“You don’t have to make headlines to be a hero. The ladies from Jaridih, Jharkhand, are addressing issues of domestic violence, family feuds and unemployment through strong rural collectives, or Self-Help Groups (SHGs). IndigoReach (a CSR-initiative of Indigo Airlines) has partnered with PRADAN to empower these SHGs. Village organisations and gender leadership camps (were) initiated to create a knowledge-sharing pool and to build understanding on gender, sex and patriarchy.”
It is, indeed, inspiring to see a corporate celebrating the rural poor women as they valiantly take on patriarchy and make an irreverent foray into taboo issues such as sex, gender and violence. The blurb on the pages of the Hello 6E airline magazine cheerfully announces where the company has invested its CSR funds.
CSR funds are not usually forthcoming for projects that do not offer an opportunity to showcase a brand.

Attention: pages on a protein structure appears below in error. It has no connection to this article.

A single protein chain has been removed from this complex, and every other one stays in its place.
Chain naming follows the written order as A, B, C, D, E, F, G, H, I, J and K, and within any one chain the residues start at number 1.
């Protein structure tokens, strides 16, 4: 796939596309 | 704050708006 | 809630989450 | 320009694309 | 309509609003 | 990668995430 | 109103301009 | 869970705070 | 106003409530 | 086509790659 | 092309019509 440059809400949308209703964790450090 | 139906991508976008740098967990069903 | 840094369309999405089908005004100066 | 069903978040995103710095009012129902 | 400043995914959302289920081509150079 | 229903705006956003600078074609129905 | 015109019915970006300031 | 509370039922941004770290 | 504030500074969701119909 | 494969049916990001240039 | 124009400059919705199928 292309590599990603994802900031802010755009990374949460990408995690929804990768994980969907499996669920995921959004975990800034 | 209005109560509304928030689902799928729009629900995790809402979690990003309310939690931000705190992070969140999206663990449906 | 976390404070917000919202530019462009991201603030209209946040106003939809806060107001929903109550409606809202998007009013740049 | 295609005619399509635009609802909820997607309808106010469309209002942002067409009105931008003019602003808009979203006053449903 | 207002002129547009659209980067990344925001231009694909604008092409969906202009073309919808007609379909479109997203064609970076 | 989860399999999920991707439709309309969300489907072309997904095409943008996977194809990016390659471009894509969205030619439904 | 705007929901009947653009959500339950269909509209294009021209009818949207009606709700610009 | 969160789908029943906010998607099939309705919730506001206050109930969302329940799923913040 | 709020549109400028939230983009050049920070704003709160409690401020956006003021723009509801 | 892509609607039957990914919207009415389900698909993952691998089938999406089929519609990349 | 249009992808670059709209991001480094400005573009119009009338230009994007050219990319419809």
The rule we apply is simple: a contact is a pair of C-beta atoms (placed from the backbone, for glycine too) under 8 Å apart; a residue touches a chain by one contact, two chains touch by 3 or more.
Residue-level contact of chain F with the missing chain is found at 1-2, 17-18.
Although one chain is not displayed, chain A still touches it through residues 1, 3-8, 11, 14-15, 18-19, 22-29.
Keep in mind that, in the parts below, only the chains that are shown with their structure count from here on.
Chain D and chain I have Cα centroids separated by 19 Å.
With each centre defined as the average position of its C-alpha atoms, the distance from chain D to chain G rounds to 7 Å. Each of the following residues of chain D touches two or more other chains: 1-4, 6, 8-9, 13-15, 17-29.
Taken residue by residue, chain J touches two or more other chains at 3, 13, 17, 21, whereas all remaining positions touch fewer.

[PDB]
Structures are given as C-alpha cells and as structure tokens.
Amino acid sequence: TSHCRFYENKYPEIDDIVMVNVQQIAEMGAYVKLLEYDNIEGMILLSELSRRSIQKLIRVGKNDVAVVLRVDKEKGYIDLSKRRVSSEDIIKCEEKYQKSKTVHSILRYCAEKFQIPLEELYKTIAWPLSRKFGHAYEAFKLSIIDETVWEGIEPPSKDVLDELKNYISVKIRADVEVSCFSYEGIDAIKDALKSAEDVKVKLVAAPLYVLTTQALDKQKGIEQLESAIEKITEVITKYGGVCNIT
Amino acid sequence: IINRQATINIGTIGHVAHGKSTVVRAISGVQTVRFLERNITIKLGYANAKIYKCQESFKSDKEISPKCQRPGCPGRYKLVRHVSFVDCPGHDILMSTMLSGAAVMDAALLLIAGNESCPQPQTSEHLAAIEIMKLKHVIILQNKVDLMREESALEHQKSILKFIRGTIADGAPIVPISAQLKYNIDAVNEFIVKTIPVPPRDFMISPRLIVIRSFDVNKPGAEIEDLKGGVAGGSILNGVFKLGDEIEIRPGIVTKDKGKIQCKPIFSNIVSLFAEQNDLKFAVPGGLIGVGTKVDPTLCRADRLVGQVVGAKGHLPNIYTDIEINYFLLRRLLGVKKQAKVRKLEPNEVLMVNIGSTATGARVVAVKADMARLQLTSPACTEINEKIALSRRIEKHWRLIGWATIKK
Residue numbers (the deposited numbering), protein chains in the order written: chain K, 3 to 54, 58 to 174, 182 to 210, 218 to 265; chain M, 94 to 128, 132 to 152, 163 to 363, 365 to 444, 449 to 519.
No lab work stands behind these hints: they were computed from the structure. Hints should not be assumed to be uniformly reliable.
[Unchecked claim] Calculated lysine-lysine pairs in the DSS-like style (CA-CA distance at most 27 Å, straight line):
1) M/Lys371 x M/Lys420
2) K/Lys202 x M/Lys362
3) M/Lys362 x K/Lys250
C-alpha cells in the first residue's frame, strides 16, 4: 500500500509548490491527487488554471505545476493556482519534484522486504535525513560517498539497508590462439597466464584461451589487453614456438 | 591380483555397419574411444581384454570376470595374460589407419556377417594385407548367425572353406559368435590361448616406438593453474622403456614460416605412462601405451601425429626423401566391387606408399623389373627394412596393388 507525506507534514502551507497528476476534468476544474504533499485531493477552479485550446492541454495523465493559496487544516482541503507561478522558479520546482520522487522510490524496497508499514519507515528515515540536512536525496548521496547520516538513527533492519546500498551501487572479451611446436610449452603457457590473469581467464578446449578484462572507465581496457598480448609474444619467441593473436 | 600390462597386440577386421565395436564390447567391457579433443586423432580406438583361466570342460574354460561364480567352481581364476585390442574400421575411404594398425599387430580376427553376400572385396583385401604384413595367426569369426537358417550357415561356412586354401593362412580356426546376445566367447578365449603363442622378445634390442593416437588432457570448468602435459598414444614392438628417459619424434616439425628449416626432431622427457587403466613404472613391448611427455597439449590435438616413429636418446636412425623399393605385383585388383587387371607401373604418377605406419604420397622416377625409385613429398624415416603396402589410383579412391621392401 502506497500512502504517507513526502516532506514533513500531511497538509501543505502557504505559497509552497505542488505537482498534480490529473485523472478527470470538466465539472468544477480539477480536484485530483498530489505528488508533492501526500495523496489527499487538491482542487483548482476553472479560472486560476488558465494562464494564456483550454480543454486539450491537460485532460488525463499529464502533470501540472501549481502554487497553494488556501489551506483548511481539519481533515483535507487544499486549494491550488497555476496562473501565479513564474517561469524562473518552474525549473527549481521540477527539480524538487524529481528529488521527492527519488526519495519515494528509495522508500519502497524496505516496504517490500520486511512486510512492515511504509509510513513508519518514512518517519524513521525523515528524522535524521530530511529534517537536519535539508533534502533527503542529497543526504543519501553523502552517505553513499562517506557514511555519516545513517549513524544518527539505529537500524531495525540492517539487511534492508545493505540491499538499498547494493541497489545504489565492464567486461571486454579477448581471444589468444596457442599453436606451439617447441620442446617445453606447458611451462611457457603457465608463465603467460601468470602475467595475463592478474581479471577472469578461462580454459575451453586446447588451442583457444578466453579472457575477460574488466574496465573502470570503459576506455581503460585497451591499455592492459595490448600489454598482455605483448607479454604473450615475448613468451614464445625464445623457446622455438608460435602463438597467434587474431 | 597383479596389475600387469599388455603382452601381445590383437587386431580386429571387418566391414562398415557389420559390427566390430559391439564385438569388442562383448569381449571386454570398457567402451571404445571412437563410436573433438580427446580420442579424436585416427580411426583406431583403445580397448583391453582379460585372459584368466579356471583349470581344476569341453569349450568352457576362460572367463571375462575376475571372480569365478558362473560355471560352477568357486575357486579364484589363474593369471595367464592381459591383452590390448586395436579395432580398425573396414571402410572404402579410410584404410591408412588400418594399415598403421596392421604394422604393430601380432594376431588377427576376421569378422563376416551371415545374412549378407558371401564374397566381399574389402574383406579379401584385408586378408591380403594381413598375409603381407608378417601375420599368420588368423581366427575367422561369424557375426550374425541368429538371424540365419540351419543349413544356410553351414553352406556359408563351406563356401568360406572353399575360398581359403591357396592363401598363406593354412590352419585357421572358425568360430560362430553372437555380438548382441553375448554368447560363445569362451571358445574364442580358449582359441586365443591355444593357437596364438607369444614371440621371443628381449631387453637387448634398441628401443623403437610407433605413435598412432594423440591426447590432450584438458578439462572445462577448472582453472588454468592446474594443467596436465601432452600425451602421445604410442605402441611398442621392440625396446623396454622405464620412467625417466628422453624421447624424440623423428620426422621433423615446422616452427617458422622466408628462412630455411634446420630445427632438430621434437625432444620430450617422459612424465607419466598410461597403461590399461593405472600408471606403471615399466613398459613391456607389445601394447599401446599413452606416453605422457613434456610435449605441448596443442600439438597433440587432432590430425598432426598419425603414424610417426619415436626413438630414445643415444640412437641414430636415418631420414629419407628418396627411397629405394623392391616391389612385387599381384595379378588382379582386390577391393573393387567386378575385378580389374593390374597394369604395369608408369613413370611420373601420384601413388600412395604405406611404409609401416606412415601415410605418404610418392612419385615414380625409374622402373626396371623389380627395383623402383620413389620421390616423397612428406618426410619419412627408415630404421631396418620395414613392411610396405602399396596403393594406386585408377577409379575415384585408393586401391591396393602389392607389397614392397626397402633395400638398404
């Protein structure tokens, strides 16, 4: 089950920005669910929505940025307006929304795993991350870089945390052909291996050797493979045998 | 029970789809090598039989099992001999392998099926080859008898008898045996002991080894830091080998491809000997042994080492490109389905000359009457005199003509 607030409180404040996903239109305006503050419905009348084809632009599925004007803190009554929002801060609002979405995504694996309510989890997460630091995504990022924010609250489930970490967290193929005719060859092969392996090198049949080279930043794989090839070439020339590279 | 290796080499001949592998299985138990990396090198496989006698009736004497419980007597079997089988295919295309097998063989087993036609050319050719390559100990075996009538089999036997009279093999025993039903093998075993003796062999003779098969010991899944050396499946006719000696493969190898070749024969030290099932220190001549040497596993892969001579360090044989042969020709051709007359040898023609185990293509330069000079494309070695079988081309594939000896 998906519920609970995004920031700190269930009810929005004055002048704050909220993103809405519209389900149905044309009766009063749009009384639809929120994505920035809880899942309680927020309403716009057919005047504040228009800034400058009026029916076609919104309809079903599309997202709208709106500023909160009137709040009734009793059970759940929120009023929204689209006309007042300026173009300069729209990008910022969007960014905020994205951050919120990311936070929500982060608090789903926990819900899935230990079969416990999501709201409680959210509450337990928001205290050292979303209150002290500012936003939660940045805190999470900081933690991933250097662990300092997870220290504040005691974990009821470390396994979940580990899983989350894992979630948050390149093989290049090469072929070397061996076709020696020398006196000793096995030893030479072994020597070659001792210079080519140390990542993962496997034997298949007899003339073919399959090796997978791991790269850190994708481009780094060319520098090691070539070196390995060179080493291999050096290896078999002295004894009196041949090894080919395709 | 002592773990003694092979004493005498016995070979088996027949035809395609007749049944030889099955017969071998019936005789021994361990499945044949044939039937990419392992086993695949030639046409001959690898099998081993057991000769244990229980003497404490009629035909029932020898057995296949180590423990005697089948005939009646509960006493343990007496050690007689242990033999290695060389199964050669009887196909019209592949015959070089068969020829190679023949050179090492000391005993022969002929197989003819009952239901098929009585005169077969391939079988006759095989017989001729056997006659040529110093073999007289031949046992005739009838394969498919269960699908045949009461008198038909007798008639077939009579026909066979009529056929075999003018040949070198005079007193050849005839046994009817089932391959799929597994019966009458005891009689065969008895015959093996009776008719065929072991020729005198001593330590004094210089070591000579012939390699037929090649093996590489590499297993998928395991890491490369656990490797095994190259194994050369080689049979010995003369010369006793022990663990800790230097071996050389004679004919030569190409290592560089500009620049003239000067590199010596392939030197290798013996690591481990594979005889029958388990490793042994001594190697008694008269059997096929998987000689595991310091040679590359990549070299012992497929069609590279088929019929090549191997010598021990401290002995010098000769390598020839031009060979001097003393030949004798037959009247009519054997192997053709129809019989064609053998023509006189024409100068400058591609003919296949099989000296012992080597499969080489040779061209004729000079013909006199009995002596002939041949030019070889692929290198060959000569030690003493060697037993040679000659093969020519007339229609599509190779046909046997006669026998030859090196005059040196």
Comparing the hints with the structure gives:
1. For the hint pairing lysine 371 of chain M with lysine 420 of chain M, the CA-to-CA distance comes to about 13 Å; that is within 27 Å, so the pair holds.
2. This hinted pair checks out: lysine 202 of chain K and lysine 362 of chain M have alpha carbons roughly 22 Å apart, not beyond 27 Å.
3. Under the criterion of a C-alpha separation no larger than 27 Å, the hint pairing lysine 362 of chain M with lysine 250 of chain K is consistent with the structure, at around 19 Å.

Not for Indigo are the beaten-track investments such as school buildings or sanitation units; or looking for brand-positioning opportunities. Instead, they have drawn on the lessons they have learned from working in the villages and have decided to strengthen ‘girl-power’ within their company. This may be one specific instance of how progressive corporate organisations are reconceptualising their investment in CSR.
Coming from a large nonprofit that is ever-short on funds, it is in the order of things for me to state that CSR funds are not usually forthcoming for projects that do not offer an opportunity to showcase a brand, or when there is no immediate visibility of the company.
Section 135 of the Companies Act 2013 does allow for an assortment of avenues for investment of CSR funds. However, the suggested avenues are only guidelines, so it should be possible for companies to plan and evolve their own ways to identify the investment areas that suit them best, as long as they stick to broader objectives such as eradicating extreme hunger and poverty, the promotion of education, and so on.
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The Act does conceive CSR funds as supplementary to the funds being spent by the government; and, therefore, allows companies to liberally contribute to the PM’s Relief Fund or to Clean India Fund, Clean Ganga Fund, and others.